Environmental & Tribal Citizen Groups Defend BLM’s Waste Prevention Rule

Trump administration undermines rules to cut air pollution and greenhouse gas emissions


Robin Cooley, Earthjustice, (303) 263.2471
Lisa DeVille, Fort Berthold POWER, (701) 421-8020
Nada Culver, The Wilderness Society, (303) 225-4635 
Elly Benson, Sierra Club, (415) 977-5723


Today, a coalition of environmental and tribal citizen groups filed a lawsuit over the Trump Administration’s decision to indefinitely delay common-sense standards that reduce the waste of publicly owned natural gas resources, and limit the release of methane (a powerful greenhouse gas) and toxic air pollution on public and tribal lands.

The Bureau of Land Management’s (BLM) Waste Prevention Rule requires companies drilling on federal and tribal lands to capture natural gas that would otherwise be burned or leaked into the air. By requiring more gas to be brought to market, the rule increases royalty revenues for states, tribes, and local governments that are often used to fund critical community needs. Before the Trump administration put it on hold, the rule was expected to save $300 million worth of taxpayer-owned natural gas over the next decade.  California and New Mexico, which receive on average $82.5 million and $470 million annually in federal royalty payments respectively, filed a similar lawsuit last week. 

“As an enrolled member of the Three Affiliated Tribes in North Dakota, I have seen firsthand the impacts of rampant oil and gas development on our people,” said Lisa Deville of Fort Berthold Protectors of Water & Earth Rights. “Without this rule, we will lose money as a result of waste and our air will be dirtier. The Trump Administration is placing energy interests above its moral and trust obligations to tribal people. Members of Fort Berthold POWER oppose the decision to stay this critical rule for industry benefit.”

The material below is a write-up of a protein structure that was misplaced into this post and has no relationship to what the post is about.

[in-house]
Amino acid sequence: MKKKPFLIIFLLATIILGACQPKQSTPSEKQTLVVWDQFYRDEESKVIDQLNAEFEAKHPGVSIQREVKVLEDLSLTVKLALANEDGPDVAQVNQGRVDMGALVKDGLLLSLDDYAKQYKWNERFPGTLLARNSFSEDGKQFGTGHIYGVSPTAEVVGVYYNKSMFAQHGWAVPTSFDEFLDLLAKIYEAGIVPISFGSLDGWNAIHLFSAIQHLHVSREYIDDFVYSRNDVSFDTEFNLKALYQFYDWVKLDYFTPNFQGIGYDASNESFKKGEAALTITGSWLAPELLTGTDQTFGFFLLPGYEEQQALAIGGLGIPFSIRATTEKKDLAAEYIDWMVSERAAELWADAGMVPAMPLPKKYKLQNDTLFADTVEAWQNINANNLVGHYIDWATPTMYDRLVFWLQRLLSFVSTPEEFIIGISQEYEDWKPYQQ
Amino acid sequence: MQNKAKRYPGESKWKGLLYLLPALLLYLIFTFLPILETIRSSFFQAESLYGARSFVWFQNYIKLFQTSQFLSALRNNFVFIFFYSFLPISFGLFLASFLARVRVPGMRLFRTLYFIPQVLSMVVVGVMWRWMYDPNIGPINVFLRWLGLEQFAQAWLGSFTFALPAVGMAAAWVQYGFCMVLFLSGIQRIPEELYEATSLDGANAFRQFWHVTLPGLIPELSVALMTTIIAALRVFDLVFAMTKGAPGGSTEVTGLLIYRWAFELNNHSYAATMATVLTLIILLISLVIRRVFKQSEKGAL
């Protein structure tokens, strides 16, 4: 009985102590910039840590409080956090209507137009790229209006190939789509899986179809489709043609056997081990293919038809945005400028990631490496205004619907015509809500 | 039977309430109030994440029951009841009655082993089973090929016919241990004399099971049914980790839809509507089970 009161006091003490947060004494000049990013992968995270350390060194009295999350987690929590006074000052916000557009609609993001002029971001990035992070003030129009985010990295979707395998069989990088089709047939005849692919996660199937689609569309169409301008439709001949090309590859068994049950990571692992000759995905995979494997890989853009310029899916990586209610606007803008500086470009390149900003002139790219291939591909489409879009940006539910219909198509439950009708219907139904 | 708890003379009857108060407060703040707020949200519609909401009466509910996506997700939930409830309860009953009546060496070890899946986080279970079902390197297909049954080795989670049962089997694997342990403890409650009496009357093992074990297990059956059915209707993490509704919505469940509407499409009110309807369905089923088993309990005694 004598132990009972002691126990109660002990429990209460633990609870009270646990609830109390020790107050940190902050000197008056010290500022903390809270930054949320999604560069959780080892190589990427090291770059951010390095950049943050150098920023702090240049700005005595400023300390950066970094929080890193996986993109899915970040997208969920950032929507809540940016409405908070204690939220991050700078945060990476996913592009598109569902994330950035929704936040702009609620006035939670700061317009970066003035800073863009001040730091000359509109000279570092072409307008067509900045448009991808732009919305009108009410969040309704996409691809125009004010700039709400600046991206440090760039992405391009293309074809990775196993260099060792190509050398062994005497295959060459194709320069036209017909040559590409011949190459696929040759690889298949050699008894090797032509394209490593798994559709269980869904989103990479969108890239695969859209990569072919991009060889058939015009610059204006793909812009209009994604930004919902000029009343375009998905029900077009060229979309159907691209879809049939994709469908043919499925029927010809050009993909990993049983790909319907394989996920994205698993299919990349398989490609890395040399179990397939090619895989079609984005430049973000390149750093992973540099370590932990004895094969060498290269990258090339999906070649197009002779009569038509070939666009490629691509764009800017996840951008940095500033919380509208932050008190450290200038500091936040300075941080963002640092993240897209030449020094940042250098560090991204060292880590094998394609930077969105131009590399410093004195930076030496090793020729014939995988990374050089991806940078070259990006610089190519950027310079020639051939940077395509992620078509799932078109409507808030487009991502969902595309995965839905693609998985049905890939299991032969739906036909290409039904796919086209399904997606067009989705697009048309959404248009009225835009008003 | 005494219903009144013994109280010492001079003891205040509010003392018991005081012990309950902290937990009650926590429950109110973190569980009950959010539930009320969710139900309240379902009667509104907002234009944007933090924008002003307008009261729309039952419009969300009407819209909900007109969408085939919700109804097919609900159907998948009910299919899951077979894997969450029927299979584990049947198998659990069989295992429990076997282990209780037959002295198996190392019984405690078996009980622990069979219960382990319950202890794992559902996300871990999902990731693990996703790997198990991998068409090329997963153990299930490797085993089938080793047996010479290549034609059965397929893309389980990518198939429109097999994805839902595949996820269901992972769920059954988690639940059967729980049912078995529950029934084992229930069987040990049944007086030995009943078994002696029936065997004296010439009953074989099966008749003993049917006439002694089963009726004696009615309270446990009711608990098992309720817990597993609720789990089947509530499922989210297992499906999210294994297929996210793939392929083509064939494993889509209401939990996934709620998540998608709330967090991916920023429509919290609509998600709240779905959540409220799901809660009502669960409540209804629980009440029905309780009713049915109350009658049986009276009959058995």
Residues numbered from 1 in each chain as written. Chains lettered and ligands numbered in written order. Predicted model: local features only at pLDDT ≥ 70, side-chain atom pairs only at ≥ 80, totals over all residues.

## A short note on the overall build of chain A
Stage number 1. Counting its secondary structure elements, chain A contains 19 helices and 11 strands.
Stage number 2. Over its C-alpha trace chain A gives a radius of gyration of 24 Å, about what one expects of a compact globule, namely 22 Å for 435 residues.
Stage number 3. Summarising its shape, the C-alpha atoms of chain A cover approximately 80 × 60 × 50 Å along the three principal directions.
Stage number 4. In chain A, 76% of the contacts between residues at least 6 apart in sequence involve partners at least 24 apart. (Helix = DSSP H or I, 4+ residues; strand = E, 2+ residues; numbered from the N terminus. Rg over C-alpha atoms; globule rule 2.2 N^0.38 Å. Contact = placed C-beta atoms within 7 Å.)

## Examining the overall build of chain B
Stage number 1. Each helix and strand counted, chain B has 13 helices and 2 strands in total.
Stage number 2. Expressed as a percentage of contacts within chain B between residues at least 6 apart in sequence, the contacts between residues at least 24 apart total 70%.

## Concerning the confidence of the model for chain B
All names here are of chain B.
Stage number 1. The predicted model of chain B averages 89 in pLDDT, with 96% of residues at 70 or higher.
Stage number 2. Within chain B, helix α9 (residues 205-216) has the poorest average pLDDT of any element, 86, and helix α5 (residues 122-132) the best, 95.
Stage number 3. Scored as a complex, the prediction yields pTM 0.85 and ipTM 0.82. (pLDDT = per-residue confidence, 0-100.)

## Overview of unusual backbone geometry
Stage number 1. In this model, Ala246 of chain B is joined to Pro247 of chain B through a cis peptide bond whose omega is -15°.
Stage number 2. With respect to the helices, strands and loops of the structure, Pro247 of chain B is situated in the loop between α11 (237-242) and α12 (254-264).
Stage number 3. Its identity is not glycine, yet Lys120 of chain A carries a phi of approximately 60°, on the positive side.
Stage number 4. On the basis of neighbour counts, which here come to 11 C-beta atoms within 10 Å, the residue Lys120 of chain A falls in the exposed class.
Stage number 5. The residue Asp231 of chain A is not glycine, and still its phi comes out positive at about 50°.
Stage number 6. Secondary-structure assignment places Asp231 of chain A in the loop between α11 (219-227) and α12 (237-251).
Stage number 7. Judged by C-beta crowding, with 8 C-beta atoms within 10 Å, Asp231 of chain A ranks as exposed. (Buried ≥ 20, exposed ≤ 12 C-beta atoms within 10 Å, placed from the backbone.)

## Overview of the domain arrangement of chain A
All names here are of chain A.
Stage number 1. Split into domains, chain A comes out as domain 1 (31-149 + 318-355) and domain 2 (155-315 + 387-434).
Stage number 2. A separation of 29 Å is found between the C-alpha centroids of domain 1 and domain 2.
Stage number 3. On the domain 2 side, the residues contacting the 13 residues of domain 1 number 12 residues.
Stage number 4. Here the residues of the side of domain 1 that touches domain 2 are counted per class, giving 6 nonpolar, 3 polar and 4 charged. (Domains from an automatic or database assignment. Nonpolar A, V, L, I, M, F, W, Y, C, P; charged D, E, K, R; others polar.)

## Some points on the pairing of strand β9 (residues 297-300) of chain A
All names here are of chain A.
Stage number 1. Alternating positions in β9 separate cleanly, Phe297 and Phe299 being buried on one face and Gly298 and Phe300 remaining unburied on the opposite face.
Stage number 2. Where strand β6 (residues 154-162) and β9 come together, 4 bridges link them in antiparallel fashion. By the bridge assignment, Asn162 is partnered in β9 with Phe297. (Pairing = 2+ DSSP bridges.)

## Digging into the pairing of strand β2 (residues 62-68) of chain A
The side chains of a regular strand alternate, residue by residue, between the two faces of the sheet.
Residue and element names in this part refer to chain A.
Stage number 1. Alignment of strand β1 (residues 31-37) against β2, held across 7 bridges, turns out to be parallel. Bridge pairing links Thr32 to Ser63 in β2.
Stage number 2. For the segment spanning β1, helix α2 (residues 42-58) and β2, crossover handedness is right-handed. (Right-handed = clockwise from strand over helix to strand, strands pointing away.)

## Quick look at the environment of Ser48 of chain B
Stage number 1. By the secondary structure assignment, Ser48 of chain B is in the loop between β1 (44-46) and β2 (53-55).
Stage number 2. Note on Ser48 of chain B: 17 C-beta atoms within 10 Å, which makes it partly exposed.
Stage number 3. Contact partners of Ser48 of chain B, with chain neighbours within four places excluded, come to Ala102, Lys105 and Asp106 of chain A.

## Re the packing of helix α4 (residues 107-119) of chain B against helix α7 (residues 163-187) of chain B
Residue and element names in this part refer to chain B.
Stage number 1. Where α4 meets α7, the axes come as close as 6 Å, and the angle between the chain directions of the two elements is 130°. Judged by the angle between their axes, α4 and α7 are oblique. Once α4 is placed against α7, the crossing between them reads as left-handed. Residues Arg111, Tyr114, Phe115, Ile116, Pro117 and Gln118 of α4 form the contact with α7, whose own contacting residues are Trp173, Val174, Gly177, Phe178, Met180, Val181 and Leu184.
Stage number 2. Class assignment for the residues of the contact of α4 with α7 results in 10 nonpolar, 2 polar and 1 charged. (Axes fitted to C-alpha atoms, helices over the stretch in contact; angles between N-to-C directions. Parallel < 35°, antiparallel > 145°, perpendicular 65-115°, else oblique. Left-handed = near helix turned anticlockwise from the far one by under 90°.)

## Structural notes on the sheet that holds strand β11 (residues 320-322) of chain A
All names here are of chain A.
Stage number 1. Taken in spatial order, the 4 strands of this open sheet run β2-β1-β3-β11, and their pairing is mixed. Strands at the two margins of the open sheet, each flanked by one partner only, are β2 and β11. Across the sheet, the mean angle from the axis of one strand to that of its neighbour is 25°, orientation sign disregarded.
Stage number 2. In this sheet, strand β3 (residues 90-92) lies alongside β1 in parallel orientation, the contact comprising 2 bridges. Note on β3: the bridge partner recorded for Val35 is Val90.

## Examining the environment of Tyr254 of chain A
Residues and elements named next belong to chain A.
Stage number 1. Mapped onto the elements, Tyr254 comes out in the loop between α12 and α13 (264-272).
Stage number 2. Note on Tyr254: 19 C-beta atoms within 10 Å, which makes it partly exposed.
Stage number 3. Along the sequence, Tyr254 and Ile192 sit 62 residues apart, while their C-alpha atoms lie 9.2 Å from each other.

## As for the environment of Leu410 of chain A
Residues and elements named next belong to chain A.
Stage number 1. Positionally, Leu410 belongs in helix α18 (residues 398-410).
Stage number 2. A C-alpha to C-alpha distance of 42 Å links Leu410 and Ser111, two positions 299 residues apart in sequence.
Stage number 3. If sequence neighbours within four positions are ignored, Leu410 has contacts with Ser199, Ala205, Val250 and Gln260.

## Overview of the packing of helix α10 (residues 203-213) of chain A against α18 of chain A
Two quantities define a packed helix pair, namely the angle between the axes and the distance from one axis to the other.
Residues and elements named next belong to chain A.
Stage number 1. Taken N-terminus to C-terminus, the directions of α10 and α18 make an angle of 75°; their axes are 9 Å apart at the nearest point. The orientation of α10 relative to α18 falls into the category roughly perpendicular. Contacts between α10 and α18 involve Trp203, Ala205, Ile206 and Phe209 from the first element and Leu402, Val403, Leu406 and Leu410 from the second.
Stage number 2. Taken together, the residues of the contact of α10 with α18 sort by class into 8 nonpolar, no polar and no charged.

The Trump Administration’s attempt to block a similar rule was overturned last week by a federal appeals court. The court ruled that the compliance date for a regulation could not be ignored while the administration seeks to rewrite the rule — a common tactic for this administration.  

“Trump and his administration cannot blatantly ignore the law just to benefit polluters at the expense of everyone else,” said Earthjustice attorney Robin Cooley, who has been defending the BLM methane rule in court. “Compliance with public health rules cannot be indefinitely delayed while the Trump Administration and bad actors within the industry try to undo them.” 

The rule went into effect in January despite efforts by several industry groups and states to overturn it in court.  And in May, Congress rejected lobbying efforts by the same groups to rescind the rule.  But in mid-June, BLM announced, without any public process, that it was staying the rule’s compliance deadlines. 

Today, a coalition of environmental and tribal citizen groups — including Sierra Club, Fort Berthold Protectors of Water & Earth Rights, The Wilderness Society, Western Organization of Resource Councils and Natural Resource Defense Council — filed suit. The groups are represented by Earthjustice.

“This rule has already withstood legal challenges and an attempted repeal in Congress, and now Donald Trump and Ryan Zinke want to undermine it with an indefinite delay,” said Sierra Club Staff Attorney Elly Benson. “There should be nothing controversial about protecting our public lands and our communities by limiting pollution from oil and gas development. We will fight to ensure that these commonsense protections that reduce waste remain in place.”

“The BLM needs to implement and enforce lawfully enacted regulations and not use unlawful ploys to avoid applying the important public health and environmental protection provisions in the Waste Rule,” said Bruce Pendery, Litigation and Energy Policy Specialist, with The Wilderness Society.

Read the legal document 

Read our Blog: We're Suing the Trump Administration for Delaying Protections Against Methane. Again.

Methane pollution
Methane pollution. (Leonid Ikan / Shutterstock)

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